John Neville Keynes

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John Neville Keynes (/ˈknz/ KAYNZ; 31 August 1852 – 15 November 1949) was a British economist and father of John Maynard Keynes.

Biography[edit]

Born in Salisbury, he was the son of Dr John Keynes (1805–1878) and his wife Anna Maynard Neville (1821–1907). He was educated at Amersham Hall School, University College London and Pembroke College, Cambridge, where he became a fellow in 1876.[1] He held a lectureship in Moral Science from 1883 to 1911. He was elected as Registrary in 1910, and held that office until 1925.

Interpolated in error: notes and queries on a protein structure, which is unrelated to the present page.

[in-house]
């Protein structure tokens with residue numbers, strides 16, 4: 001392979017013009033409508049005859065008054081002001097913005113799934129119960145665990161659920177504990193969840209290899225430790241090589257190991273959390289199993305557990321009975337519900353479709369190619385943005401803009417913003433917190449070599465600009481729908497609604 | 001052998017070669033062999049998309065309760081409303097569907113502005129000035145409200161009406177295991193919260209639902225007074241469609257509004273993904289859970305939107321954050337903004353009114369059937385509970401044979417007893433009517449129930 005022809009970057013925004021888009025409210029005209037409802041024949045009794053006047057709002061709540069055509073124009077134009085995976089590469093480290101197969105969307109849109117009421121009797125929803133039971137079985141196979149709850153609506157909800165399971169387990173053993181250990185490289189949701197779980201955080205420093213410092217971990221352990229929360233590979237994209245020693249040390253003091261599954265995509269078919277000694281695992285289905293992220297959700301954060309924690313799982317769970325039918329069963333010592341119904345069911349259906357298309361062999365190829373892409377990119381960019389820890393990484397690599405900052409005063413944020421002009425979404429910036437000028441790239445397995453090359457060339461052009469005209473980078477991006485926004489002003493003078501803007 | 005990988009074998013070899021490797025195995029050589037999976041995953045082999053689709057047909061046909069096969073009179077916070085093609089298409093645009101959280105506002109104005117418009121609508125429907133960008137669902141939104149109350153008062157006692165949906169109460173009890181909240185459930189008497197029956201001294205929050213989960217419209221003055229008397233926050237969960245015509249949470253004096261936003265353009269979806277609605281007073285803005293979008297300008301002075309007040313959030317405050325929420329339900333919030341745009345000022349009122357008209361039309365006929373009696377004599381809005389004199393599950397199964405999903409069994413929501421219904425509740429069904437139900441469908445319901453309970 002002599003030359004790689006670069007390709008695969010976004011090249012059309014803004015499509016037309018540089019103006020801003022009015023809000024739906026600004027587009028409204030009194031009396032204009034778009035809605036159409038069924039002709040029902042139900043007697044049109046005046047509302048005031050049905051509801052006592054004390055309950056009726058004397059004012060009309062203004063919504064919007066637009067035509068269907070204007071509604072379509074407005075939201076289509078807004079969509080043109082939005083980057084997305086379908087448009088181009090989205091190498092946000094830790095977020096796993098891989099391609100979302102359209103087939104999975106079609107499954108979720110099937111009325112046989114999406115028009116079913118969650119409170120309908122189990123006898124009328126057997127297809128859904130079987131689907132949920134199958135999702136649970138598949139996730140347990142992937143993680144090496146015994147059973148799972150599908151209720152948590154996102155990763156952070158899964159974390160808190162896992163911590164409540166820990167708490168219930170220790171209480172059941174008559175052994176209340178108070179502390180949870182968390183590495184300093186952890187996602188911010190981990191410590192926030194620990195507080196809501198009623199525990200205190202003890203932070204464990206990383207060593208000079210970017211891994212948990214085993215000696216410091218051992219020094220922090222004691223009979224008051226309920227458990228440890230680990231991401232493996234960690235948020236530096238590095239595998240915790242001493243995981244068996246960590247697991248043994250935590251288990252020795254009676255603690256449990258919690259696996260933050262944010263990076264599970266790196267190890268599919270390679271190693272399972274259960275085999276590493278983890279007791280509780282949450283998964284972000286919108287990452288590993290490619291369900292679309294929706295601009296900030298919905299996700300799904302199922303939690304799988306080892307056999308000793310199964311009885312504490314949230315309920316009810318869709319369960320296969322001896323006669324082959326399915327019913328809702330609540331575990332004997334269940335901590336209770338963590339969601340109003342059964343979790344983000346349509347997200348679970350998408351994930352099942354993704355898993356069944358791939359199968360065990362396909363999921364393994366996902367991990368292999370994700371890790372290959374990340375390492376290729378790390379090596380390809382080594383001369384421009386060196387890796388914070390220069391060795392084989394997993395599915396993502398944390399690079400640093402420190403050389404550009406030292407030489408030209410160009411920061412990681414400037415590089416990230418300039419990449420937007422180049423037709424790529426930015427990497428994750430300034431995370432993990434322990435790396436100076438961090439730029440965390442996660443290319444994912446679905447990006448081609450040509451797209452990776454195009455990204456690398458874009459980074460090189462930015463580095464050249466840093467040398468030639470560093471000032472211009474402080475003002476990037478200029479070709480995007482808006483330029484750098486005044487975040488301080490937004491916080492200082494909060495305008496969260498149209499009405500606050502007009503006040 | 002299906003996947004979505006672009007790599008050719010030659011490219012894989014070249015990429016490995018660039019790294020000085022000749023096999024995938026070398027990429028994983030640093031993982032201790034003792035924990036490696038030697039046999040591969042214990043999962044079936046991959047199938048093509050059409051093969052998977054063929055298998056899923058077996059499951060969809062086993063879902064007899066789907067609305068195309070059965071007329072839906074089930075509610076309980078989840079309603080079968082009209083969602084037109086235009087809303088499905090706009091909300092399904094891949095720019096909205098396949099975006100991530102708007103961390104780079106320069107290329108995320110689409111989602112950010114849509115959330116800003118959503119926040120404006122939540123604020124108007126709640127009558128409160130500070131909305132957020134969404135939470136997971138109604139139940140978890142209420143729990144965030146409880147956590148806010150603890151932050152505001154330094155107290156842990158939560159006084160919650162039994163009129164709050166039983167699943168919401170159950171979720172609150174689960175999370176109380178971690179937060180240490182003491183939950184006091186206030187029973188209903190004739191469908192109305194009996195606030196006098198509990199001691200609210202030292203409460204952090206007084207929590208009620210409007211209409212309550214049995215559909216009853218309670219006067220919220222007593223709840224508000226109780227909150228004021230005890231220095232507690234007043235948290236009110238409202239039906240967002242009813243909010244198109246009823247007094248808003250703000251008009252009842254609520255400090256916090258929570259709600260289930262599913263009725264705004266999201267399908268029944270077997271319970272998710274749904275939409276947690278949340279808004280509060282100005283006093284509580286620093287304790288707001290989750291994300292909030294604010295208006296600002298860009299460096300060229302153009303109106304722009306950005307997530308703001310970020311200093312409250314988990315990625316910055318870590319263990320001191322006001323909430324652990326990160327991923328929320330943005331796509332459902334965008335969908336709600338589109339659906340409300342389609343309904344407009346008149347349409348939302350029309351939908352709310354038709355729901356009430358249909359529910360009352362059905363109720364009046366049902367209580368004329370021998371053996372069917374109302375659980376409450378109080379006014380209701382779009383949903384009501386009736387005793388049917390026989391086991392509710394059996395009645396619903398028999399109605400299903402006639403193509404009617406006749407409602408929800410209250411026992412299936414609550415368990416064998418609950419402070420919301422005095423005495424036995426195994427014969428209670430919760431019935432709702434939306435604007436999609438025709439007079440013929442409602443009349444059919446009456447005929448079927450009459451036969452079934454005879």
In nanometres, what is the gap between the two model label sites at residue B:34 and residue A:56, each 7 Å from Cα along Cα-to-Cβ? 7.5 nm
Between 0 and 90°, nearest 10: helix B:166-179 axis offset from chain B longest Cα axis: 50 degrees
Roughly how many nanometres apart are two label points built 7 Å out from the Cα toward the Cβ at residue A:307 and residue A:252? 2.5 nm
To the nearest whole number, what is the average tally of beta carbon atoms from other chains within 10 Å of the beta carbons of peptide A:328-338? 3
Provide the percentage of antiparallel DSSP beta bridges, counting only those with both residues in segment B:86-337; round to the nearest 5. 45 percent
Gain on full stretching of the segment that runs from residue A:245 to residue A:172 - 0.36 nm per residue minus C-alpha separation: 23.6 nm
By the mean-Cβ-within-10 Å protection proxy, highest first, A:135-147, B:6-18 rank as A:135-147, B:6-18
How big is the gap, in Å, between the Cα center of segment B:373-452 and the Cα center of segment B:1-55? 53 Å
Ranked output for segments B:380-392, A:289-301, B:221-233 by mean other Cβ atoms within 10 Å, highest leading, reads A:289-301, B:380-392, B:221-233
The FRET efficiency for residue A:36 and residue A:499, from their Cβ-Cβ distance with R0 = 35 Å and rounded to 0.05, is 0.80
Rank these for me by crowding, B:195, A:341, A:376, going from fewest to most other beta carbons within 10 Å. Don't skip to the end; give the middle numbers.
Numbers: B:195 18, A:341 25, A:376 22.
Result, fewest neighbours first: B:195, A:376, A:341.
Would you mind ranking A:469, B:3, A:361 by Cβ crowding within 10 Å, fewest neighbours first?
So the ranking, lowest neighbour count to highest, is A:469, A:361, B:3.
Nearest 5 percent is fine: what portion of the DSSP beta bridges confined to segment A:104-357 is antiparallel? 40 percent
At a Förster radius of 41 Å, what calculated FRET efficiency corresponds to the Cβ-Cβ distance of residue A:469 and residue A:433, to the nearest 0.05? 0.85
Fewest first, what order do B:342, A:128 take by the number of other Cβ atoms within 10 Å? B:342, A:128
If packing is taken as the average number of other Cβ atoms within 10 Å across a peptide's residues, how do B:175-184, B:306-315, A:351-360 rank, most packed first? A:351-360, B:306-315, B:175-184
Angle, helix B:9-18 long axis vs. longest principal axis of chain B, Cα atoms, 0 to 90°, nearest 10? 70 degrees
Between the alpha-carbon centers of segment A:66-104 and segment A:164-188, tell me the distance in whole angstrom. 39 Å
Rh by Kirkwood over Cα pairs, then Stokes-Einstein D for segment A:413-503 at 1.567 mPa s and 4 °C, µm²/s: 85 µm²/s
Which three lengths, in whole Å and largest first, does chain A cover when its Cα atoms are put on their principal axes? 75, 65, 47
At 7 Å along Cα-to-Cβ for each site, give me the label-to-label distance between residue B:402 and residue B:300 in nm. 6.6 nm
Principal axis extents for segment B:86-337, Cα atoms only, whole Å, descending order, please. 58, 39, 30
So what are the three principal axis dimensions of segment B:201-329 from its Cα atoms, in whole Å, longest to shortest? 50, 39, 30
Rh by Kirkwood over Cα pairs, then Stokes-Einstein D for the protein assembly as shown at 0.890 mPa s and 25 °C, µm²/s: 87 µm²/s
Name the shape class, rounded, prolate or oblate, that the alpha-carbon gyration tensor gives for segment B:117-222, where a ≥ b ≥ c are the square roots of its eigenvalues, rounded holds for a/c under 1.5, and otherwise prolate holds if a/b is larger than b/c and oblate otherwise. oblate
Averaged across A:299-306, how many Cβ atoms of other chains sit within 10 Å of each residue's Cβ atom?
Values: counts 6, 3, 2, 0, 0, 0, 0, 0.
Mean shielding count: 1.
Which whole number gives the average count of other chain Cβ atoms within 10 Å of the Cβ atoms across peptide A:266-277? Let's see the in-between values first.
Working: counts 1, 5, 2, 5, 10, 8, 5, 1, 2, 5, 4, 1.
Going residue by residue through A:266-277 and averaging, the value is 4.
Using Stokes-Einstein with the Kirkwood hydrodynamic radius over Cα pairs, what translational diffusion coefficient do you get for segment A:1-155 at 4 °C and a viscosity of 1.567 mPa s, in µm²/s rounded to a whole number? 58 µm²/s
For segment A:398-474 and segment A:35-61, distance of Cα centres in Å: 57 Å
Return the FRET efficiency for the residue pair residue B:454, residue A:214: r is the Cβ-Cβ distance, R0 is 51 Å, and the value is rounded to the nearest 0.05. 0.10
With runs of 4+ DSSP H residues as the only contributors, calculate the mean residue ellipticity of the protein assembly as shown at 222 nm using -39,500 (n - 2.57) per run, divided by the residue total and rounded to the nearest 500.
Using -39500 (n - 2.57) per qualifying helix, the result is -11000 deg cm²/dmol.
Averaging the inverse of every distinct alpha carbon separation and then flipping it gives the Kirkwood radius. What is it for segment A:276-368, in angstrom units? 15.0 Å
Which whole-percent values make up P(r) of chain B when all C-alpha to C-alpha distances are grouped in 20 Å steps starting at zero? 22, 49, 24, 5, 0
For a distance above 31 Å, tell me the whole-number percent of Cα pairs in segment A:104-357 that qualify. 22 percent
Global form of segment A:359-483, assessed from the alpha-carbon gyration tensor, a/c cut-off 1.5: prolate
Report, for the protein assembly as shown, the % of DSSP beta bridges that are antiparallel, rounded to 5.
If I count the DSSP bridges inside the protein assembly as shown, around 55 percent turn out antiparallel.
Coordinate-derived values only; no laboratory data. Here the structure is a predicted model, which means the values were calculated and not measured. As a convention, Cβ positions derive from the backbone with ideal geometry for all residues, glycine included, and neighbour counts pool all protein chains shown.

He divided Economy into "positive economy" (the study of what is, and the way the economy works), "normative economy" (the study of what should be), and the "art of economics" (applied economics). The art of economics relates the lessons learned in positive economics to the normative goals determined in normative economics. He tried to synthesise deductive and inductive reasoning as a solution to the "Methodenstreit". His main works were:

He married, in 1882, Florence Ada Brown[2] (who was later a Mayor of Cambridge). They had two sons and a daughter:

He outlived his elder son by three years; he died in Cambridge, aged 97.

See also[edit]

References[edit]

  1. ^ "Keynes, John Neville (KNS872JN)". A Cambridge Alumni Database. University of Cambridge. 
  2. ^ Keynes, John Neville. Who's Who, 59. 1907. pp. p. 980–981. 

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